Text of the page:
Melatonin protects against oxidative stress caused by 1-methyl-4-phenyl-1,2,3,6-tetrahydropyridine in the mouse nigrostriatum
We tested the hypothesis that melatonin acts as a powerful hydroxyl radical (OH) scavenger in vivo in the brain, and interferes with oxidative stress caused by the parkinsonian neurotoxin, 1-methyl-4-phenyl-1,2,3,6-tetrahydropyridine (MPTP). We investigated the effect of melatonin on in vitro OH production employing a Fenton-like reaction in test tubes, and ex vivo OH generation in isolated mitochondria induced by 1-methyl-4-phenyl pyridinium (MPP+), as well as on in vivo OH formation in the mouse striatum following systemic administration of MPTP.
We also measured reduced glutathione (GSH) levels, and superoxide dismutase (SOD) activity in the nucleus caudatus putamen (NCP) and substantia nigra (SN), 7 days following MPTP and/or melatonin administration. Melatonin caused a significant and dose-dependent inhibition of the production of OH in the in vitro, ex vivo and in vivo experimental conditions.
Melatonin caused no changes in monoamine oxidase-B activity, in vitro in mitochondrial P2 fractions or in vivo following systemic administration. MPTP results in mice caused a significant depletion of GSH, and increased the specific activity of SOD both in SN and NCP on the seventh day. MPTP-induced GSH depletion was dose-dependently blocked in SN and NCP by melatonin.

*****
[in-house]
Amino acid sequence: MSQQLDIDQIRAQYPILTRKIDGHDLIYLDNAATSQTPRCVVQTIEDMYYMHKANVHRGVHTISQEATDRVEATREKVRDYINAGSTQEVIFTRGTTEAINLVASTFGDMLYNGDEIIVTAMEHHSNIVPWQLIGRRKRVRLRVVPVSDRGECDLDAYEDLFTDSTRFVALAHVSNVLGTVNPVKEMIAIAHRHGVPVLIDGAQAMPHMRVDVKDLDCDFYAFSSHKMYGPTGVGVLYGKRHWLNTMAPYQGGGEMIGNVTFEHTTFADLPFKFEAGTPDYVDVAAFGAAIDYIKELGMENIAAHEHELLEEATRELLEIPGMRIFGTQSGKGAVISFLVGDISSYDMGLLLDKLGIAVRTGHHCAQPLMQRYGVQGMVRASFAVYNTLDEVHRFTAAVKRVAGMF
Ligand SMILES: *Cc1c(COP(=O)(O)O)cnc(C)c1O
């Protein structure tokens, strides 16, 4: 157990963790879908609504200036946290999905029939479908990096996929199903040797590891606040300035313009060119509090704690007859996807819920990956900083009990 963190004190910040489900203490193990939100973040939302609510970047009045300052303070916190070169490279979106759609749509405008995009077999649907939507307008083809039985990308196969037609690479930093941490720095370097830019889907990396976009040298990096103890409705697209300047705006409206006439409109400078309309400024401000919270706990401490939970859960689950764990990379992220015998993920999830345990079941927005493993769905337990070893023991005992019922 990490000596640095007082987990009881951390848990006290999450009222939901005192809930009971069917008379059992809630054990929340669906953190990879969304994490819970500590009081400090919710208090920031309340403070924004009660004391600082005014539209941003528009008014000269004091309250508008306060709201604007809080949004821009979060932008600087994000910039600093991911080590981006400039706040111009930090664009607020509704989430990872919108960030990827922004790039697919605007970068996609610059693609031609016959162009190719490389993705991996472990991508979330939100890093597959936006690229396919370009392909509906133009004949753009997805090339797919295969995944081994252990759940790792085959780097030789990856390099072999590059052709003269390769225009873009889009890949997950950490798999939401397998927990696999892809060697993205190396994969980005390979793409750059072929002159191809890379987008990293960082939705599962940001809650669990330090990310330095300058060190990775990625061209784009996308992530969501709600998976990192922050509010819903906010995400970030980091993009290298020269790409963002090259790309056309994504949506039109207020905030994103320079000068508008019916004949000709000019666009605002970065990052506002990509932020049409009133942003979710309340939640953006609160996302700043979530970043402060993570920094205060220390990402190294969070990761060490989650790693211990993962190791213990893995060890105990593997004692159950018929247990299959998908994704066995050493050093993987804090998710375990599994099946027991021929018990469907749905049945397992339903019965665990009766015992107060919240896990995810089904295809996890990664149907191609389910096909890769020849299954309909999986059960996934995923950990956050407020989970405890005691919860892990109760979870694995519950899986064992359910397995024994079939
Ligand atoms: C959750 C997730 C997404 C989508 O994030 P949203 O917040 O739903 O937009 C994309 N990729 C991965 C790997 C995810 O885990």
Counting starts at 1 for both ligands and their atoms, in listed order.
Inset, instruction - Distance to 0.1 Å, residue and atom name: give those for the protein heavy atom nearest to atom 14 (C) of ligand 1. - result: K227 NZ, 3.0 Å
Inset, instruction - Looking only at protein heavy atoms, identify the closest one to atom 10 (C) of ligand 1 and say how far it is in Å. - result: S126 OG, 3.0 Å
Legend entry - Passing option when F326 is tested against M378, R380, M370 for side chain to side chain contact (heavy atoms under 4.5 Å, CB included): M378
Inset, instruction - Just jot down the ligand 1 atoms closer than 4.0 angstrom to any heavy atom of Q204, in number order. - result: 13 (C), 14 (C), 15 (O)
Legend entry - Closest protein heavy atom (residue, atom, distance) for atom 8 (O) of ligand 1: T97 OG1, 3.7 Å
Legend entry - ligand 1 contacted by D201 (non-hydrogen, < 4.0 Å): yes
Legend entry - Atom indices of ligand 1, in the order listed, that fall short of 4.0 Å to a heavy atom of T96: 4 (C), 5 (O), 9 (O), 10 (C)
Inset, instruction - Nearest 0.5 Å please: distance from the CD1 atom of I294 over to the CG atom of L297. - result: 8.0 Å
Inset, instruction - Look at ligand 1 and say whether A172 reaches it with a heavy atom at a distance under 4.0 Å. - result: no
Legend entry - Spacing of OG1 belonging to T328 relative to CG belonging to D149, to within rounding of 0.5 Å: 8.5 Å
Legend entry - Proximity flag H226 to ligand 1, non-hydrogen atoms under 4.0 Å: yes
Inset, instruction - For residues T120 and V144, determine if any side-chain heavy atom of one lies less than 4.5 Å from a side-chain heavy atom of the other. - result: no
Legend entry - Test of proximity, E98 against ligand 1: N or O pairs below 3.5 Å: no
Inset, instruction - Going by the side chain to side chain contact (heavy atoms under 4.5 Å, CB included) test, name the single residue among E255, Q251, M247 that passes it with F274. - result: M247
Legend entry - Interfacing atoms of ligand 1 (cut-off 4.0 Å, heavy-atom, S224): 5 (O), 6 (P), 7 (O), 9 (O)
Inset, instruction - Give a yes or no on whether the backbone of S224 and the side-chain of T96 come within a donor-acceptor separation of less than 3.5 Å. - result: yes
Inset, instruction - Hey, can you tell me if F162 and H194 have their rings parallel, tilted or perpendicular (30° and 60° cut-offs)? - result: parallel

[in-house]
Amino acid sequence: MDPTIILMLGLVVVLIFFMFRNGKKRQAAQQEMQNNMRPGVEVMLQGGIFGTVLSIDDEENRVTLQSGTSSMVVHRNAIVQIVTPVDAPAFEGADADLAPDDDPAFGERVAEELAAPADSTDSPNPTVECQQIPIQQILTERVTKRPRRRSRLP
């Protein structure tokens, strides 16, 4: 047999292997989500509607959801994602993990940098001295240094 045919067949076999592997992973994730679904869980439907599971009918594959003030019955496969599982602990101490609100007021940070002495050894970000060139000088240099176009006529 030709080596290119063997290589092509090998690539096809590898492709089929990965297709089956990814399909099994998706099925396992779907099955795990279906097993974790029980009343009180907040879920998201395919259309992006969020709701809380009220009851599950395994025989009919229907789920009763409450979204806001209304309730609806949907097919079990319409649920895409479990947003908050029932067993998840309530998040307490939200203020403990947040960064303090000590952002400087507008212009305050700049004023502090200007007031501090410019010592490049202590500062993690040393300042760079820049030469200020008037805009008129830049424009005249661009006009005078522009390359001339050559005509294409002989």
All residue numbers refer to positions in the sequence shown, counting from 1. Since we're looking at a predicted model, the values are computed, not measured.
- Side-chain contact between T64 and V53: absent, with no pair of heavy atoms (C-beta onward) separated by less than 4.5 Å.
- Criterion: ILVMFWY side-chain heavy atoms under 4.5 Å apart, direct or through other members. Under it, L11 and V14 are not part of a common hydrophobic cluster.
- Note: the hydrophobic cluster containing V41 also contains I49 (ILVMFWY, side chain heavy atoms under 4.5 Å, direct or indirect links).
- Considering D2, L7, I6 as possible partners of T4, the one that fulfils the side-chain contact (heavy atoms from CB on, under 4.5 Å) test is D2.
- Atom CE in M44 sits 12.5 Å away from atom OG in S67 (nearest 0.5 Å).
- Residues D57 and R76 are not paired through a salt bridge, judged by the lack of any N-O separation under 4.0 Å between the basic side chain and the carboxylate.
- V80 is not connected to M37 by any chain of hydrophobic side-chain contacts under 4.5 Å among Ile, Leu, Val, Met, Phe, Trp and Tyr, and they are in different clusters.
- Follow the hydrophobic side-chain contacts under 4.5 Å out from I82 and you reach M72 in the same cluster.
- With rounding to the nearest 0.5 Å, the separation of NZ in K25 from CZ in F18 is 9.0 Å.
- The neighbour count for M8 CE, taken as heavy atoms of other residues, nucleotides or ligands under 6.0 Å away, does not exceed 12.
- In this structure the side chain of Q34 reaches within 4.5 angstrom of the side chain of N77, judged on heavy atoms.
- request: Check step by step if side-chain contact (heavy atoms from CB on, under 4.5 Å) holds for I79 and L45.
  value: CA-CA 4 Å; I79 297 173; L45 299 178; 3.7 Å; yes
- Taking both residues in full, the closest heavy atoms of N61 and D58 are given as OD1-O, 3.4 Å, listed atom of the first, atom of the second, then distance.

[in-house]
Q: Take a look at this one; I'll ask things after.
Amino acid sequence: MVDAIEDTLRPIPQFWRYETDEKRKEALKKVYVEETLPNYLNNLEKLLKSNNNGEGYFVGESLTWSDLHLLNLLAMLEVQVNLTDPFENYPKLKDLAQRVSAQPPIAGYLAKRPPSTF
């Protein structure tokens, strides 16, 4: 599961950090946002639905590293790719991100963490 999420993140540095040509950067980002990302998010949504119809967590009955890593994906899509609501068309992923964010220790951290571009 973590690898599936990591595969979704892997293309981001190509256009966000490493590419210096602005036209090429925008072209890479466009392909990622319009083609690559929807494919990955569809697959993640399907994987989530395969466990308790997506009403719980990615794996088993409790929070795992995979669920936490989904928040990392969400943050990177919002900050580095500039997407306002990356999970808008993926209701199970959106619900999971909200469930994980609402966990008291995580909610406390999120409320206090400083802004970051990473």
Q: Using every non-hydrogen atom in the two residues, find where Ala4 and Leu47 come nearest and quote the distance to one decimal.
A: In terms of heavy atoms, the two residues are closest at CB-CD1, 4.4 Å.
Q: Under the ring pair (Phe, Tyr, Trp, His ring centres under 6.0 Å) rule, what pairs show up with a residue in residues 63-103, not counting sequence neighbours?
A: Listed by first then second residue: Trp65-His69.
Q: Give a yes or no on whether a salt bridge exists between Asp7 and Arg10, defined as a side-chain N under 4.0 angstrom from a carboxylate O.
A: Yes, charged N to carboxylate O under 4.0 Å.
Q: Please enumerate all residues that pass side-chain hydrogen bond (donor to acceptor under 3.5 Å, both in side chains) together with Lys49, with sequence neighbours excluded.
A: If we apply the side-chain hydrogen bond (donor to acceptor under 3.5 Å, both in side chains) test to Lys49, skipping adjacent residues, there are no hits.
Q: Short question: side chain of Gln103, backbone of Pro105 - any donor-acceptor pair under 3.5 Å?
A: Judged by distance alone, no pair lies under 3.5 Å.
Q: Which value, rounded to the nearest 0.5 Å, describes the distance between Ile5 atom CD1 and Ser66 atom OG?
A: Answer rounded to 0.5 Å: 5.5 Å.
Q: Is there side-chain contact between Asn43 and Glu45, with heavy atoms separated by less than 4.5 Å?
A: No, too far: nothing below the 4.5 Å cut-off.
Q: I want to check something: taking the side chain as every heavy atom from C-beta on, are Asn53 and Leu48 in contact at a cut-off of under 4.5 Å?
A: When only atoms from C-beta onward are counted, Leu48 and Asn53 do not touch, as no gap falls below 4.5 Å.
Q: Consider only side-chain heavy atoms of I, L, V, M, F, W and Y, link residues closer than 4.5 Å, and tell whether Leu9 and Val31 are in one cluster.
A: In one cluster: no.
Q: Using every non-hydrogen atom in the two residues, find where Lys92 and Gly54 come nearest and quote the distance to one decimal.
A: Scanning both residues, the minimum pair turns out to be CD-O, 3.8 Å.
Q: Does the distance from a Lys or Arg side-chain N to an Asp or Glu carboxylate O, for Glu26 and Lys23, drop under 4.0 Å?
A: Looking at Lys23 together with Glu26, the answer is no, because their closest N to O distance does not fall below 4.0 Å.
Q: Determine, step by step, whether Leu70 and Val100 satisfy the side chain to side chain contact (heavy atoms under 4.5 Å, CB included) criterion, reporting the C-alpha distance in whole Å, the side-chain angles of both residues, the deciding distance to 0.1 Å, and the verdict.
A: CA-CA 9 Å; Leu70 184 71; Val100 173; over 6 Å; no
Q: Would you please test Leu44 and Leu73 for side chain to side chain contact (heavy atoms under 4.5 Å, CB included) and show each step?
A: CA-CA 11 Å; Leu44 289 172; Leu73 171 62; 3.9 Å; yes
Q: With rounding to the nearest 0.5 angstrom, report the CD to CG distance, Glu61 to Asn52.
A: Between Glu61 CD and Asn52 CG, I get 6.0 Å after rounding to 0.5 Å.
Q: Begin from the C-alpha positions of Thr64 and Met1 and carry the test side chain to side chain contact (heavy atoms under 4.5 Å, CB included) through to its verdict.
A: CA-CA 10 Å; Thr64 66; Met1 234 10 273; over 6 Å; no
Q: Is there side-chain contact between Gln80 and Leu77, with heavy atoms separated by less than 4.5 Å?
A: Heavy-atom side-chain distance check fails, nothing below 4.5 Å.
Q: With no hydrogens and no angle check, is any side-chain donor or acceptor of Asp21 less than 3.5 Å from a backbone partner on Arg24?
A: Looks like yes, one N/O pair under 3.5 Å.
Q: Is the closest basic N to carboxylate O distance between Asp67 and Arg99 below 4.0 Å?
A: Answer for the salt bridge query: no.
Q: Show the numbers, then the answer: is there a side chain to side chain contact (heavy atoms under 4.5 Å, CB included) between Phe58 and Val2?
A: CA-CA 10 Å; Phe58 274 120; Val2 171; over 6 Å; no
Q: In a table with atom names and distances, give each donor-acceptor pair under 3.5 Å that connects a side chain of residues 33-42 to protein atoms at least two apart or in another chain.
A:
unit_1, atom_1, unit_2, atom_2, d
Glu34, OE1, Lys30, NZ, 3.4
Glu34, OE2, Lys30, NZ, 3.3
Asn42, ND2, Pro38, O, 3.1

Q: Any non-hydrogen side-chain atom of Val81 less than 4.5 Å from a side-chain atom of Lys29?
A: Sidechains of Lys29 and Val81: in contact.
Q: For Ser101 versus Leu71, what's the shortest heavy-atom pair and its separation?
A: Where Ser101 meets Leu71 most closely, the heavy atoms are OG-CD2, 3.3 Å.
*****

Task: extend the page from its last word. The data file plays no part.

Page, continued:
Higher doses of melatonin exhibited a synergistic effect on MPTP-induced increase in the SOD activity in the SN. These results suggest that while GSH inhibition is a direct consequence of OH generation following neurotoxin administration, the increase in SOD activity is a compensatory mechanism for removing superoxide radicals generated as the result of MPTP.
Our results not only point to the potency of melatonin in blocking the primary insults caused by MPTP, but also provide evidence for triggering secondary neuroprotective mechanisms, suggesting its use as a therapeutic agent in neurodegenerative disorders, such as Parkinson's disease.